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The Mars Rover: Inspiring the Next Generation of Science

By Edited Sep 26, 2016 0 0

Each and every moment in human history is a story--it’s a story of perseverance, hope, and the will to move forward; but now, even after a thousand-year history of astounding progress and innovation, the human race is moving forward into one of the most significant eras of its entire history. In 1959 the Soviet Union landed the first man-made object on the surface of the moon. Ten years later in 1969, Neil Armstrong and Edwin “Buzz” Aldrin, Jr were the first human beings to set foot on the moon. Twelve moon walkers and dozens of space probes later, we are stepping forward again, and this time with a goal that defies imagination: the search for life on other planets.

The Mars rover Curiosity is a magnificent testament to the ingenuity of human minds working together. The size of a small SUV, Curiosity carries three different cameras, four spectrometers, two radiation detectors, and environmental and atmospheric monitoring stations. Each instrument was built in complete sterilization and uniquely designed to learn about the surface of Mars.

Set to reach the Gale Crater only eight and a half months after its departure, it will begin its search for conditions favorable for microbial life and test whether the methane that is so prominent is from a biological or geological source. Curiosity has six wheel drive, can turn 360 degrees in place, and is designed climb steep hills as well as roll across flat ground. Its video cameras take images in high definition, and these will be relayed back across the solar system to scientists waiting eagerly on Earth. In addition, it will collect and analyze seventy different samples of soil and rock, and determine whether the ubiquitous methane in the atmosphere is biologically or geologically produced. Curiosity will send images, video, and information back to Earth while in transit and on the planet.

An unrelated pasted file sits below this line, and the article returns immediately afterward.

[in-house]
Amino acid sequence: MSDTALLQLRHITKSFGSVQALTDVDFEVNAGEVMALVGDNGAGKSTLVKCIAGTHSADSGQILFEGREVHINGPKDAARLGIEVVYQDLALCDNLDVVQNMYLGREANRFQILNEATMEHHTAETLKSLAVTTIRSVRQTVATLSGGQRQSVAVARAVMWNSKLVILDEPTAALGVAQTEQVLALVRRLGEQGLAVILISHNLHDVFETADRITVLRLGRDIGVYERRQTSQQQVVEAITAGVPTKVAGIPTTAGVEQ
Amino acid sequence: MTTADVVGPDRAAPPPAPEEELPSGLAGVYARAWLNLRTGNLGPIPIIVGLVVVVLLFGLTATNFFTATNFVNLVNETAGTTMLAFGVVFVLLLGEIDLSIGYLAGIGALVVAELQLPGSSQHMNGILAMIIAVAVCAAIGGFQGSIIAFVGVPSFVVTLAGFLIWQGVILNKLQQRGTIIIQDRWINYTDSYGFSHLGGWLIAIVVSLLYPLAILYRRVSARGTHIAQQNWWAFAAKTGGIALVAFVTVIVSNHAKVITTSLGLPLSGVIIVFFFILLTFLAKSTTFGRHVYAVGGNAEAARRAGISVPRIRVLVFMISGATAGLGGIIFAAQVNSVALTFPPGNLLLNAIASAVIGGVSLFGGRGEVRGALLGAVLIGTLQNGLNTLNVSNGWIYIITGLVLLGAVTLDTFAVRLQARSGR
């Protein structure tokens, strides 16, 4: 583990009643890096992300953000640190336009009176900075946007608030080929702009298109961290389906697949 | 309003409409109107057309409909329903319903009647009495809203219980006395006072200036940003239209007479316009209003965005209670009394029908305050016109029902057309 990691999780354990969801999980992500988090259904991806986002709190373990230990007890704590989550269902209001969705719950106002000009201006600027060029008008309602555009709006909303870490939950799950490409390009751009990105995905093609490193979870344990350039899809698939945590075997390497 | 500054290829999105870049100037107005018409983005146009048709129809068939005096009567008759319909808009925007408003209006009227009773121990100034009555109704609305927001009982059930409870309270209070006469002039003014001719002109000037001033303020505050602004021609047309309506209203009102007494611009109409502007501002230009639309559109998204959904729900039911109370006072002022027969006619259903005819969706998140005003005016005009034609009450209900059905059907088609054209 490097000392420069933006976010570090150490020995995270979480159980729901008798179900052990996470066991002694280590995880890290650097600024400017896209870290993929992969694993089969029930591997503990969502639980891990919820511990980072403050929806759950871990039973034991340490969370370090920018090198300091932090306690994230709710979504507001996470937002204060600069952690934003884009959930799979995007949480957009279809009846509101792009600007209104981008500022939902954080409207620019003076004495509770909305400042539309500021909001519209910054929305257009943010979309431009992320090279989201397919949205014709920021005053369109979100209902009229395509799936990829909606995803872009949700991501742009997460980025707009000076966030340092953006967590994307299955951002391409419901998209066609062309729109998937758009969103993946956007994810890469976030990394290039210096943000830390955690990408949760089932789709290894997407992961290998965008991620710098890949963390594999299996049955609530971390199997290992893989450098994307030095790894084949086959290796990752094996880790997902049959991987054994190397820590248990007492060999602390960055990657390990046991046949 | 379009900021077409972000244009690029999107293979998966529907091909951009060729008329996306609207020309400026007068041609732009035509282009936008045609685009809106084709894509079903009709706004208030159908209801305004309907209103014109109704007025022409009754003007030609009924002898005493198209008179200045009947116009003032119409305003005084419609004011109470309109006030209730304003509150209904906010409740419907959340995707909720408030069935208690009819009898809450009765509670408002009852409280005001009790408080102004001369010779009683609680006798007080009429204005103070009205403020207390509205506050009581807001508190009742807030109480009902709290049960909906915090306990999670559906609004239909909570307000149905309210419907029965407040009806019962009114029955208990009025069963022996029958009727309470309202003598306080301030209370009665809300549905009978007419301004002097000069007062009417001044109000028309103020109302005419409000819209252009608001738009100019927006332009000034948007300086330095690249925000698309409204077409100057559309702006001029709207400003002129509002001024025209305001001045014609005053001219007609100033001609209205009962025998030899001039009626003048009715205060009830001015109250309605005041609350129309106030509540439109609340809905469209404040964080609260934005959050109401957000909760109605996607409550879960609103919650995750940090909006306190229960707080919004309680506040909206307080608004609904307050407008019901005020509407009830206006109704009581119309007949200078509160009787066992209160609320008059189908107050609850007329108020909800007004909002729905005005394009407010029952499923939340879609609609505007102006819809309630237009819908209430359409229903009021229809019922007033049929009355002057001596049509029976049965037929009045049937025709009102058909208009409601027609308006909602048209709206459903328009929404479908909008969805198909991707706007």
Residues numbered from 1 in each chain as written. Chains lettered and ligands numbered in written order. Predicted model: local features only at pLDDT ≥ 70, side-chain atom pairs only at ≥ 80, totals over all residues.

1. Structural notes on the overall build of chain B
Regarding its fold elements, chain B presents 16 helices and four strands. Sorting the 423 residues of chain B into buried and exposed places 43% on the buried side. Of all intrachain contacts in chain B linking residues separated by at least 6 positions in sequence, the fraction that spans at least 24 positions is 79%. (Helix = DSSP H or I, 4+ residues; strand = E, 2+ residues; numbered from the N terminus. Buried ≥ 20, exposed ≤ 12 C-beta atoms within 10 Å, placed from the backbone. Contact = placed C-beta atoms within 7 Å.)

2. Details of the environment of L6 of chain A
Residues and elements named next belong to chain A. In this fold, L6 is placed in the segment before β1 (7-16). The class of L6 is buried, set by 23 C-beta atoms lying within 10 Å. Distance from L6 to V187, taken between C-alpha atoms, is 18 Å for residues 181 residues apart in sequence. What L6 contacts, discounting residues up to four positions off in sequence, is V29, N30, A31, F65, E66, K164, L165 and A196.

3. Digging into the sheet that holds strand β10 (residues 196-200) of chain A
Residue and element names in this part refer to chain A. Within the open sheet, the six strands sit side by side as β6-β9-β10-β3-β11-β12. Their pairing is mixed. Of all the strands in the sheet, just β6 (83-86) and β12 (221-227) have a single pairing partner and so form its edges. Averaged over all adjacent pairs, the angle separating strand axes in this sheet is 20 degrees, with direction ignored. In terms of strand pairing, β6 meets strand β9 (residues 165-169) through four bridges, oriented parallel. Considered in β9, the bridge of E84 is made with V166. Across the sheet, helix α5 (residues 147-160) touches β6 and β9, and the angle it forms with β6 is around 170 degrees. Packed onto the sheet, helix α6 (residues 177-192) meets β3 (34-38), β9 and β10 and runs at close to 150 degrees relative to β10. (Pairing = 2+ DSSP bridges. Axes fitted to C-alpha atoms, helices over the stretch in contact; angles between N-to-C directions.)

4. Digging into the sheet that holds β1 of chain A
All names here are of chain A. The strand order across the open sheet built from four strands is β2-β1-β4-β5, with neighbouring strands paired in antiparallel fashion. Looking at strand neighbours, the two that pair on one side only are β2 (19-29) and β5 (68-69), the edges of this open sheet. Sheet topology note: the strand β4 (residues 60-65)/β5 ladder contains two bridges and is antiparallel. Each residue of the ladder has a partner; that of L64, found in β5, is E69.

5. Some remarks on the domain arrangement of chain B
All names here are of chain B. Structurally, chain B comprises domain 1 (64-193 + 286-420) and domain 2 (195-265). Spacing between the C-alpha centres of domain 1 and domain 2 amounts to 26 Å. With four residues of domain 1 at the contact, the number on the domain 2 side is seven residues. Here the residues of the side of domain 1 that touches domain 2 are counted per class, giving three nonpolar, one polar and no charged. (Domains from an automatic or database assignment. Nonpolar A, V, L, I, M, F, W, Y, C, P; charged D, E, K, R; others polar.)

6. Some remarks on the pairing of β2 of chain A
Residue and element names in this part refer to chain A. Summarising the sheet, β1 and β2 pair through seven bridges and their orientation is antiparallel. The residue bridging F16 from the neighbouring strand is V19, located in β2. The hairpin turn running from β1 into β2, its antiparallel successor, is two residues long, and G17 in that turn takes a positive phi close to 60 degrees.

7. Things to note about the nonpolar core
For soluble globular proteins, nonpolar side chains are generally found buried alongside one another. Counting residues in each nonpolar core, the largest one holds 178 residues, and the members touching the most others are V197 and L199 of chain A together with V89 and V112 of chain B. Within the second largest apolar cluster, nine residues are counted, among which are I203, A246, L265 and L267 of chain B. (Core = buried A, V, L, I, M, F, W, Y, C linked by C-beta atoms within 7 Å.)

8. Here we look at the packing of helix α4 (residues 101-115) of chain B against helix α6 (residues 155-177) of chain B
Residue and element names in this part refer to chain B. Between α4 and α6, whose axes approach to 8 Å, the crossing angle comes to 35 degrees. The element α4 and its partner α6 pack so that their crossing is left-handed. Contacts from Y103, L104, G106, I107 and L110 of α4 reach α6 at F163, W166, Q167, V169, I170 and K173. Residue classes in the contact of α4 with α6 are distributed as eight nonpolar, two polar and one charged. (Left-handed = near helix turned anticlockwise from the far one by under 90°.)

As it flies through space on its more than 300 million mile journey, Curiosity has already begun to work. Monitoring radiation from deep within its shell, scientists hope to gain knowledge about the effects of space travel on human subjects, with the end goal of manning a mission to Mars by 2030. With one of the most accurate interplanetary injections so far, Curiosity is projected to reach Mars in early August, 2012.

The human race has never ceased to move forward. Countless innovations, countless geniuses, and countless hours of seeming futile labor brought us to this point, the point at which we can actually leave this planet. This is not a time to back down, but to keep thinking, to keep inventing, and to keep moving forward. Let’s inspire the next generation to not just travel in space, but to live there.
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